The Indians got but little of what was appropriated for them. It was notoriously the fact, and a standing joke in this country was, “Do Indian Agents Steal?” No one ever heard of an agent being punished. General Crook stated that there never was a person punished in Arizona for defrauding the Indians. The more docile the Indians were, the more abuse they got. When they became self-supporting, like the Navahos, the Government gave them nothing. If they were deadly and murderous like the Apaches, the Government took care of them and fed them. Issuing rations was the proper thing when we had destroyed the native means of subsistence, but the tribe that worked and helped itself should have been aided further toward civilization in other ways. ‘‘“A few years ago,”’’ says Fish, ‘‘“the Government erected fifty cottages for the Wallapais near Kingman,

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and furnished them with stoves, etc. Through the custom of burning the effects of the warriors who die, few of these cottages remain.”’’

In 1871 Colyer established a temporary reservation at the Verde, this being on the dividing line between the Apaches proper and the Yavapais, quite central, and one with which the Indians were well satisfied. After the surrender of Chalipun, in 1873, at Camp Verde, there was no time lost in putting them to work. Colonel Julius W. Mason superintended the getting out of an irrigating ditch, and Walter S. Schuyler had the immediate charge of the Indians. The reservation was established some miles above the post. There were few tools, but they were strung along the line of the ditch, and every tool that could be, was secured. There were a few old tools of different kinds at Fort Whipple, which were sent down, and the best possible use made of them. With these and with sticks hardened in the fire, the Apaches soon had a ditch completed five miles long, with a width of four feet, and three feet deep. Mason and Schuyler labored assiduously with the Apaches, and soon had about fifty-seven acres of land planted with melons and other garden truck, of which the Indians are very fond, and preparations for planting corn and barley on a large scale were made. The prospects of the Apaches looked bright, and there began to be hope that they would soon become self-sustaining, but it was not to be. The “ring” of Federal officials, contractors and others, succeeded in securing the issue of peremptory orders that the Apaches should leave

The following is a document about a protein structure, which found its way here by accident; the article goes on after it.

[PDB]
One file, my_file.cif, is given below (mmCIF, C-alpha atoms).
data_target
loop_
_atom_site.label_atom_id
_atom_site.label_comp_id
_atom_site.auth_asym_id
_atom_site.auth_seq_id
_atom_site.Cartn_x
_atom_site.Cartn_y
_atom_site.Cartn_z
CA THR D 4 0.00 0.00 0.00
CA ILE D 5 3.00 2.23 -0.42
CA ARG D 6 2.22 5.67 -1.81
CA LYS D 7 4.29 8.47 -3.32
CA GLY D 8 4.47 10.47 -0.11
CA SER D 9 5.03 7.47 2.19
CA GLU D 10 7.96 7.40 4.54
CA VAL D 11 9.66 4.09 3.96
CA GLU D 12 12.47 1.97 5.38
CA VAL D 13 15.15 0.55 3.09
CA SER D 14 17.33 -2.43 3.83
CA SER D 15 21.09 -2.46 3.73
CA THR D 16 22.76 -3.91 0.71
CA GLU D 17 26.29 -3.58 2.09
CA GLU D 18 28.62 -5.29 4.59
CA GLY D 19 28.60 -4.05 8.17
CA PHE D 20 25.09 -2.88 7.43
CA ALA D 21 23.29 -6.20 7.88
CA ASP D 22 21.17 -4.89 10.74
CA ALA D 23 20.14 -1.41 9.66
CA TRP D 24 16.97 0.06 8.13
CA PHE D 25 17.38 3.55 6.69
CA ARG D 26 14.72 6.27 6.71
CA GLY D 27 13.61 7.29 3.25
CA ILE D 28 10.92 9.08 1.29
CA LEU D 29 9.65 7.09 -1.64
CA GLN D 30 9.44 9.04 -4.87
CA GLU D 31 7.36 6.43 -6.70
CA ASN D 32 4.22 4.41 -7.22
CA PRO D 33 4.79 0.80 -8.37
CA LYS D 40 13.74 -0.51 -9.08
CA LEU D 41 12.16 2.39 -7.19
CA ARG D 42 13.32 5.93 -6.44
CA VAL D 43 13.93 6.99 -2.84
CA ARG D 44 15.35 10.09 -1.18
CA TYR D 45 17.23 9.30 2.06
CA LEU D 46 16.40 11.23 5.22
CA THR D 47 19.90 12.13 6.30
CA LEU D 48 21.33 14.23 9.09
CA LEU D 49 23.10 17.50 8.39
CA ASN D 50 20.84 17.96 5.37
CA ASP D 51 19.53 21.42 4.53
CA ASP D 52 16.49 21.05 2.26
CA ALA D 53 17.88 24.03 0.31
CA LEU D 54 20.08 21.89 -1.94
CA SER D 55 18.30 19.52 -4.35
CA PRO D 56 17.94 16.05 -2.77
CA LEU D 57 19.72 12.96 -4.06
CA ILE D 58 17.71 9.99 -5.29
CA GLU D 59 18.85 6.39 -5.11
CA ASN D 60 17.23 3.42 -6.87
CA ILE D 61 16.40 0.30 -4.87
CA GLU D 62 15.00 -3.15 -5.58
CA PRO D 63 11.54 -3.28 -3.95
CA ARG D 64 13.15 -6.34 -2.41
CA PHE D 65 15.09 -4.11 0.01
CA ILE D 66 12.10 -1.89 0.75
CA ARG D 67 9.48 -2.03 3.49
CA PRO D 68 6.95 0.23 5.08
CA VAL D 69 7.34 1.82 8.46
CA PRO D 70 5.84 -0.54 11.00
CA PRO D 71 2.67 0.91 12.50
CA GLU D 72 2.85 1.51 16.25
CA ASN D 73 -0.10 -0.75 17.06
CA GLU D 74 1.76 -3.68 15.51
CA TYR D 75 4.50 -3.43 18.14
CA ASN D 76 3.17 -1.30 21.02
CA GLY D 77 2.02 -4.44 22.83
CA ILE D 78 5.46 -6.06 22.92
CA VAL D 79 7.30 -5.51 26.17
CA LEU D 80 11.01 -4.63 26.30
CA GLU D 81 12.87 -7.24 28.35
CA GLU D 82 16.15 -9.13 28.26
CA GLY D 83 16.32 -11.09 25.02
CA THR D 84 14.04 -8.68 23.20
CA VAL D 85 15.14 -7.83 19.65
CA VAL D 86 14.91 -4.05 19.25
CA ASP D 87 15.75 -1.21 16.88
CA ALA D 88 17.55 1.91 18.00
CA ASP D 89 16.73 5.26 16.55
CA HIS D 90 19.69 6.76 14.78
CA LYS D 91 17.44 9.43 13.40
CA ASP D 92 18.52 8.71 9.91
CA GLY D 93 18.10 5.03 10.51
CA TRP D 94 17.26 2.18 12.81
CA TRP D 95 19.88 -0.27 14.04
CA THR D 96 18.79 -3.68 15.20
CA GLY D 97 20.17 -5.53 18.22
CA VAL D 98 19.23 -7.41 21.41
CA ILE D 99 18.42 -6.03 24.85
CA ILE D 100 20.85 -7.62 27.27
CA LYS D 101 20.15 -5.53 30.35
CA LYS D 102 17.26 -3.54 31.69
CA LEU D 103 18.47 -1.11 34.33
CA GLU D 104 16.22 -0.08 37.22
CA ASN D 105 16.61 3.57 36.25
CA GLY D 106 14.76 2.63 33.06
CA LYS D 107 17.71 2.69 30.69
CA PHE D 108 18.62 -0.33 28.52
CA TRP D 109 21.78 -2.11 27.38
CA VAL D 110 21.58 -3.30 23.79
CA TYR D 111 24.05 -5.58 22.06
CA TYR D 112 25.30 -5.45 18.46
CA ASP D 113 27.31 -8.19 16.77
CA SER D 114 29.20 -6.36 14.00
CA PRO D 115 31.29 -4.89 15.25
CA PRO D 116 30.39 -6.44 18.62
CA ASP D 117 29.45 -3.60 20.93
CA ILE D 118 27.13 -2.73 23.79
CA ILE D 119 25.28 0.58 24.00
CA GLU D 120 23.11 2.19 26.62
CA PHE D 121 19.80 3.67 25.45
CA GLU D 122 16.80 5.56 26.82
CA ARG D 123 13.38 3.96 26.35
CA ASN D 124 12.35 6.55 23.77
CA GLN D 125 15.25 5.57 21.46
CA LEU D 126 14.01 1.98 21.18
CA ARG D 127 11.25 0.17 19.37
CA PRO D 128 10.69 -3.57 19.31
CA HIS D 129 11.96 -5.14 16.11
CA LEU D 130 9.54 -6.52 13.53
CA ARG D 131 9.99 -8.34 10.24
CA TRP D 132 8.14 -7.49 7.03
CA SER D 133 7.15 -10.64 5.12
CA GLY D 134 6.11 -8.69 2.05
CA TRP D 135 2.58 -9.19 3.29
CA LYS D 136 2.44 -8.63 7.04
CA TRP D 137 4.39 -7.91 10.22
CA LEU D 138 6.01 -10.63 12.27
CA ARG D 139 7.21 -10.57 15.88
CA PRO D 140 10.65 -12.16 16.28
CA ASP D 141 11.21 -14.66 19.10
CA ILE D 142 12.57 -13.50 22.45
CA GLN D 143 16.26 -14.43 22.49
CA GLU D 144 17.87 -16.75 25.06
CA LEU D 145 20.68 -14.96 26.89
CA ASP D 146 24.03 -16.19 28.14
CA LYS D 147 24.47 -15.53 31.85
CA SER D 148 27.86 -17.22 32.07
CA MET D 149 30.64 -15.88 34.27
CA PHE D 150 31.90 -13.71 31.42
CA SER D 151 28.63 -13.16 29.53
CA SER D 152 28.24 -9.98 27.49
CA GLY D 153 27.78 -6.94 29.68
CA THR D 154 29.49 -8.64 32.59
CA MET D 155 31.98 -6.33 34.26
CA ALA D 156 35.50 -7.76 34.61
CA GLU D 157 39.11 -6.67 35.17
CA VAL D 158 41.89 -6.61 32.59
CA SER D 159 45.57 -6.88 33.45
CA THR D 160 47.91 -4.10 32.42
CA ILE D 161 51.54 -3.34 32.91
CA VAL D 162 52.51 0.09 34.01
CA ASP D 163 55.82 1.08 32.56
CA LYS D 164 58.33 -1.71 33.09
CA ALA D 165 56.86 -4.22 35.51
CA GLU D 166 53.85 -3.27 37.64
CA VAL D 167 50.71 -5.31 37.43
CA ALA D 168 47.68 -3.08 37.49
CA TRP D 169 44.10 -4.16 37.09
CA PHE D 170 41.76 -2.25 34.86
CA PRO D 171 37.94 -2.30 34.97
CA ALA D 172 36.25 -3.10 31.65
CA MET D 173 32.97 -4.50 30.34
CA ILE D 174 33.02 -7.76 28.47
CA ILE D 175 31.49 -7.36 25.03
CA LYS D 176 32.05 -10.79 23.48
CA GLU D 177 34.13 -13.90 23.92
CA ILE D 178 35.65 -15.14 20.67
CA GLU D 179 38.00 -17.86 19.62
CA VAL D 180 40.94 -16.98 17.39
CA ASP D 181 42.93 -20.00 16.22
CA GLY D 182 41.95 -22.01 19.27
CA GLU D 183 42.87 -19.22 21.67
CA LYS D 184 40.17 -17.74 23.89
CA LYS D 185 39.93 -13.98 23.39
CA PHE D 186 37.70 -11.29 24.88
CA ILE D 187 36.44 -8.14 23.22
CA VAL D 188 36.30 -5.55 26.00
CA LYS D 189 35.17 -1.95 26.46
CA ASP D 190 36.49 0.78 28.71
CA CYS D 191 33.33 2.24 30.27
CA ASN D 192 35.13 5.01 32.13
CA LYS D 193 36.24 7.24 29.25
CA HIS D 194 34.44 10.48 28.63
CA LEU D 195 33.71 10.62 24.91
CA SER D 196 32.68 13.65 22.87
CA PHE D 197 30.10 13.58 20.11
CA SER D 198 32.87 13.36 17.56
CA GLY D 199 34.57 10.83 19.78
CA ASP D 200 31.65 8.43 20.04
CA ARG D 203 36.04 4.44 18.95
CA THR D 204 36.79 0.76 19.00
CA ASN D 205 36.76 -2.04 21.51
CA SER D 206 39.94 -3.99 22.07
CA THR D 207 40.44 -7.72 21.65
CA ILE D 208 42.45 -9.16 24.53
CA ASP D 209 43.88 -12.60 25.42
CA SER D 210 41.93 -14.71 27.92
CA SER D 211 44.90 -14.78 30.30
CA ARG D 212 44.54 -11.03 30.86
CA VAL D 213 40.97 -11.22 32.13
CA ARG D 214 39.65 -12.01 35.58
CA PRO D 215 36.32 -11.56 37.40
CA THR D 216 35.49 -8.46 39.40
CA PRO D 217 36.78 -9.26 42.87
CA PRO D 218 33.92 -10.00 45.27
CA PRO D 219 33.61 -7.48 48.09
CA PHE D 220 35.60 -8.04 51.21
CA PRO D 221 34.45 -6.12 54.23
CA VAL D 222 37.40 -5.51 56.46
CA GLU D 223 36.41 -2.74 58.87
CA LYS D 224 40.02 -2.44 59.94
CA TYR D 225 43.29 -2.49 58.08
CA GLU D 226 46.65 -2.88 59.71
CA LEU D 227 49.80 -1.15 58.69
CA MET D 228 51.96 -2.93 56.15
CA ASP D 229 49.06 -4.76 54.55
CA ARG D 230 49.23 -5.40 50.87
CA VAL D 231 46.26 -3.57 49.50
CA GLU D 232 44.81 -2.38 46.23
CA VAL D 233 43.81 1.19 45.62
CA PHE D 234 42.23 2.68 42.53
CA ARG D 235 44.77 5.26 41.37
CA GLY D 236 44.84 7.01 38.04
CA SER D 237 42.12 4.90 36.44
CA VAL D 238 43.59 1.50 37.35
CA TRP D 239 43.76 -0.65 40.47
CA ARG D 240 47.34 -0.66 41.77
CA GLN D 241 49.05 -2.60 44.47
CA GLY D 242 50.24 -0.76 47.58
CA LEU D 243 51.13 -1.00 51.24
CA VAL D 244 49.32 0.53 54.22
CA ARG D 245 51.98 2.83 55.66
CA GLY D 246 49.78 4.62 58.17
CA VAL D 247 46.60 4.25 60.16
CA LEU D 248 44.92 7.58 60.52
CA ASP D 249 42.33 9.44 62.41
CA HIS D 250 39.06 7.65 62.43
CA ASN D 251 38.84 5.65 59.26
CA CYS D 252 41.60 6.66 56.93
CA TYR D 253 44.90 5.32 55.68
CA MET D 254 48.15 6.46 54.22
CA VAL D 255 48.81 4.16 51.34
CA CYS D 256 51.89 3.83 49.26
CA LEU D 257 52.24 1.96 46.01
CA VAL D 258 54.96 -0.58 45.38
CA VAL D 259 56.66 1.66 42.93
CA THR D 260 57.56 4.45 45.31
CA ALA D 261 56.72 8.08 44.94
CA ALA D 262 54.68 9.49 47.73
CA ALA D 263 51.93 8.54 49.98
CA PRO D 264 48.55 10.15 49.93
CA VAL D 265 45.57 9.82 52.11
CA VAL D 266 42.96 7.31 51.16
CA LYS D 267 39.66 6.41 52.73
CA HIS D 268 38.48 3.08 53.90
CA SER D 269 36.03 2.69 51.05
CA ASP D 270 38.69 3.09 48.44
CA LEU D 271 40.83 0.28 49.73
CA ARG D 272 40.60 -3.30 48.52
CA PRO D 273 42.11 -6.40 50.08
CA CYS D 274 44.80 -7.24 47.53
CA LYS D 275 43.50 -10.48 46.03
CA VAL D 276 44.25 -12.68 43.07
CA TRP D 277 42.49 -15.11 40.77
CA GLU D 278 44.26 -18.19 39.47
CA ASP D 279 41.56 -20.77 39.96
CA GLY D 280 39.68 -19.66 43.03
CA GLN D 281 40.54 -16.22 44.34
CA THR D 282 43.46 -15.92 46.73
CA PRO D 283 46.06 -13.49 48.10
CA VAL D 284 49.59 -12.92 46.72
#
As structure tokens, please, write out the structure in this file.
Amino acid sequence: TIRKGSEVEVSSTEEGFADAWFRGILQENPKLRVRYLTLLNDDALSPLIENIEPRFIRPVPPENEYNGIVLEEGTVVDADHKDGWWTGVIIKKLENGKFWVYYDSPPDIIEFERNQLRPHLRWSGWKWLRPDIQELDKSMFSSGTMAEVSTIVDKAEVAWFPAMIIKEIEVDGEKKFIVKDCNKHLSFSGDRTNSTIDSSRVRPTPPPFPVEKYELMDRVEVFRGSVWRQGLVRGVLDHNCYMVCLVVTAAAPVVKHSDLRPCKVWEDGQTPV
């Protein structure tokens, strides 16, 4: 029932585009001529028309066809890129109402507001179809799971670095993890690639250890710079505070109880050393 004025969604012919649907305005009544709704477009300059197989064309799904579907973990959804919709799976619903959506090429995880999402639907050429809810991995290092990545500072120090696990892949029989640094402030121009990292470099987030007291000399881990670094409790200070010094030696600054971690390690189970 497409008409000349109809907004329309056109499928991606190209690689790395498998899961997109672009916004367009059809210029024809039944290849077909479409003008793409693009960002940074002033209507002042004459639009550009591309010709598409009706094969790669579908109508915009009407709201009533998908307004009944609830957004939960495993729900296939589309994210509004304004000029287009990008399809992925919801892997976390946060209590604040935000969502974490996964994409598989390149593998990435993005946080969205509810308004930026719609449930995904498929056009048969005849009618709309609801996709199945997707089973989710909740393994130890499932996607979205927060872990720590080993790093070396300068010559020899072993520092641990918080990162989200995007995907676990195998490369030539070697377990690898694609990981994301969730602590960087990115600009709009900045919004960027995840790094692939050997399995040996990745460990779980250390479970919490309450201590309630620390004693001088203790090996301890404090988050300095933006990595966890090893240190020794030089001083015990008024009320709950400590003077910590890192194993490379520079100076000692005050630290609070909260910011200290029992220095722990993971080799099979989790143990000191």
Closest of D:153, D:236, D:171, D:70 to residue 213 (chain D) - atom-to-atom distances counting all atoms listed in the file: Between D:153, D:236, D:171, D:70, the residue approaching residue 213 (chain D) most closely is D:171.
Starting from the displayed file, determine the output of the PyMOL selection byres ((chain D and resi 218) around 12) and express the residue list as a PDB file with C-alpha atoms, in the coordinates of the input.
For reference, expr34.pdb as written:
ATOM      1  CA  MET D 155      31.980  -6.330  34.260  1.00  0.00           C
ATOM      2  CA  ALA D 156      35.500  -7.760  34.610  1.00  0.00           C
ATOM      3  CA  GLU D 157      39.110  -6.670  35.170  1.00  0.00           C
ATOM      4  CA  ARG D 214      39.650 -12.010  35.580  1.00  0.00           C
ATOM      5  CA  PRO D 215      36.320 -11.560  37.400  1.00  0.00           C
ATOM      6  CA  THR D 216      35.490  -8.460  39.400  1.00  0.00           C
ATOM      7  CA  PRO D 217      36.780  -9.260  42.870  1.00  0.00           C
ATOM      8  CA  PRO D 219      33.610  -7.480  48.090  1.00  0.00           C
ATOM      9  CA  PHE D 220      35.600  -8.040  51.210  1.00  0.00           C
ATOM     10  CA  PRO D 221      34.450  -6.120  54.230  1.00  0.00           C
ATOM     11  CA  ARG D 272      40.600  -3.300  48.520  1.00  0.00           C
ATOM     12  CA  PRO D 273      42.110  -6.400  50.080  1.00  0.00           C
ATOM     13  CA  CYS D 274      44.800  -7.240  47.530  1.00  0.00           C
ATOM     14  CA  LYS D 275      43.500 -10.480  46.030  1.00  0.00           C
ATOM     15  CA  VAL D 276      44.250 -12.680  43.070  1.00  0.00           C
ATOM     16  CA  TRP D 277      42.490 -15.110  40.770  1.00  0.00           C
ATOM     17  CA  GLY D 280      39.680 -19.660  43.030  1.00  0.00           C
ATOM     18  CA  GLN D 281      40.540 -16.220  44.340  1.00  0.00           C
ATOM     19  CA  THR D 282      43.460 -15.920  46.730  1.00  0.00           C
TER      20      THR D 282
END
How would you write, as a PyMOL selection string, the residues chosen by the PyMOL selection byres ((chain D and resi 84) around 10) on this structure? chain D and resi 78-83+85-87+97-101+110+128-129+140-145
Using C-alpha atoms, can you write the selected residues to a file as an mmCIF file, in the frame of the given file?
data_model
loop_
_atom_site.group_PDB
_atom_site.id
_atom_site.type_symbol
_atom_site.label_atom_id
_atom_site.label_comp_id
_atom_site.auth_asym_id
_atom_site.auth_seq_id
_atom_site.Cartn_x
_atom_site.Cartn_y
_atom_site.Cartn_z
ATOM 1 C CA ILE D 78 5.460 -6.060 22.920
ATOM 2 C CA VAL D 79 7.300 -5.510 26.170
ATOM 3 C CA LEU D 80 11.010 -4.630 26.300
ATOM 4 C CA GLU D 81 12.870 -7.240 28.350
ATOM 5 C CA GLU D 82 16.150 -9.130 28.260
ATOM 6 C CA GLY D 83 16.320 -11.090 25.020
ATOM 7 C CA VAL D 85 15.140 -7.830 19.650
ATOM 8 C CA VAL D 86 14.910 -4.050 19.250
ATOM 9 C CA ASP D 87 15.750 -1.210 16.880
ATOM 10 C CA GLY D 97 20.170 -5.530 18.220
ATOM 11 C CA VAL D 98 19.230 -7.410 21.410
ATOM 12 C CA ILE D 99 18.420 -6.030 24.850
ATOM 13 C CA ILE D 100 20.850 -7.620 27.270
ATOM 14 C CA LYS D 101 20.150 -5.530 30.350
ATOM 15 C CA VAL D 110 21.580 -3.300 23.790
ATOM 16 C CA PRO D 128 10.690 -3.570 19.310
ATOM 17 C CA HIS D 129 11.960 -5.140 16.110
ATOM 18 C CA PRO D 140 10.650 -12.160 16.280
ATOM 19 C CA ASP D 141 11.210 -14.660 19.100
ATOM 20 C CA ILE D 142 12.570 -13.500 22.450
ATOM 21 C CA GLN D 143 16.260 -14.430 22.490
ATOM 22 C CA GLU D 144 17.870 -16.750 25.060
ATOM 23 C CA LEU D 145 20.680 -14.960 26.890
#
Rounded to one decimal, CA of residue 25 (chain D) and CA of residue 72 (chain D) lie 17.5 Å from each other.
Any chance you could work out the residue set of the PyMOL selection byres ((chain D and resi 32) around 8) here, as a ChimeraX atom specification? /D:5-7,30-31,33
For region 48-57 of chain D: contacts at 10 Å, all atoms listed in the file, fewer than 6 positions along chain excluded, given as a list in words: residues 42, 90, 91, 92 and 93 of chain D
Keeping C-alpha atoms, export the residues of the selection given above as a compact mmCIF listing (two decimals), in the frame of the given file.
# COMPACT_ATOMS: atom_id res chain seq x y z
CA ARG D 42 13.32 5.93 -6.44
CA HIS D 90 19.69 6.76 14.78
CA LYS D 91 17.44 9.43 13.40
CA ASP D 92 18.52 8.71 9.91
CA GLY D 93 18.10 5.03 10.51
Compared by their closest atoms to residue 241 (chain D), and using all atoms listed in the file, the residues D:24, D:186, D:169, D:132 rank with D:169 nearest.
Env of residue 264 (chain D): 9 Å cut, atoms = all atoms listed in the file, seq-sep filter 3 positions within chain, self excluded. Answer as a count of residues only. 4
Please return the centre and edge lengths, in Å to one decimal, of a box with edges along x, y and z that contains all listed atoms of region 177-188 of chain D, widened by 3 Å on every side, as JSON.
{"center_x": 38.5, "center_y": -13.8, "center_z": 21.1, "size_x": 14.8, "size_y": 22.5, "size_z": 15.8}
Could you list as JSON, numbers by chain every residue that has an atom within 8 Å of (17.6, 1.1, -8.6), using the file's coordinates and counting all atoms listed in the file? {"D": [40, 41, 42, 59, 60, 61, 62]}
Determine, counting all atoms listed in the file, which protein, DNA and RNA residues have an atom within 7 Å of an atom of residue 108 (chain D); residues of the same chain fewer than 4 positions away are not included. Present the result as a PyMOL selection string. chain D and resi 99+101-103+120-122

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at once for the mouth of the sickly San Carlos, there to be herded with the other tribes. The Apaches were contented on the Verde and satisfied with their surroundings there. They had been promised that it should be their home, and to remove them was bad faith, particularly as their work was beginning to show results, and they had every prospect of becoming self-supporting. The move did not take place until the following winter, when the Indians flatly refused to follow the special agent sent out by the Indian Bureau, not being acquainted with him, but did consent to go with Lieutenant Geo. O. Eaton. There were two thousand of these Indians in 1873, and in August of that year about nine hundred of them ran away, but four hundred of them returned in September. W. S. Schuyler succeeded Dr. Williams as agent. The place proved to be unhealthy and there was much sickness at the agency, which caused it to be changed somewhat. In 1874 there were a thousand and seventy-eight Indians at the place, and by June the soldiers had brought in more, increasing the number to fifteen hundred and forty-four. These Indians were removed, not only against their will, but also against the protest of General Crook. Referring to the removal of the Indians, Dunn, in his “Massacres of the Mountains,” says: ‘‘“To the statement of the commissioner of Indian Affairs: ‘I believe now no one in the Territory questions the wisdom of the removal of the Verde Indians’, Colonel Kautz bluntly replied: ‘So far as my observation goes, I have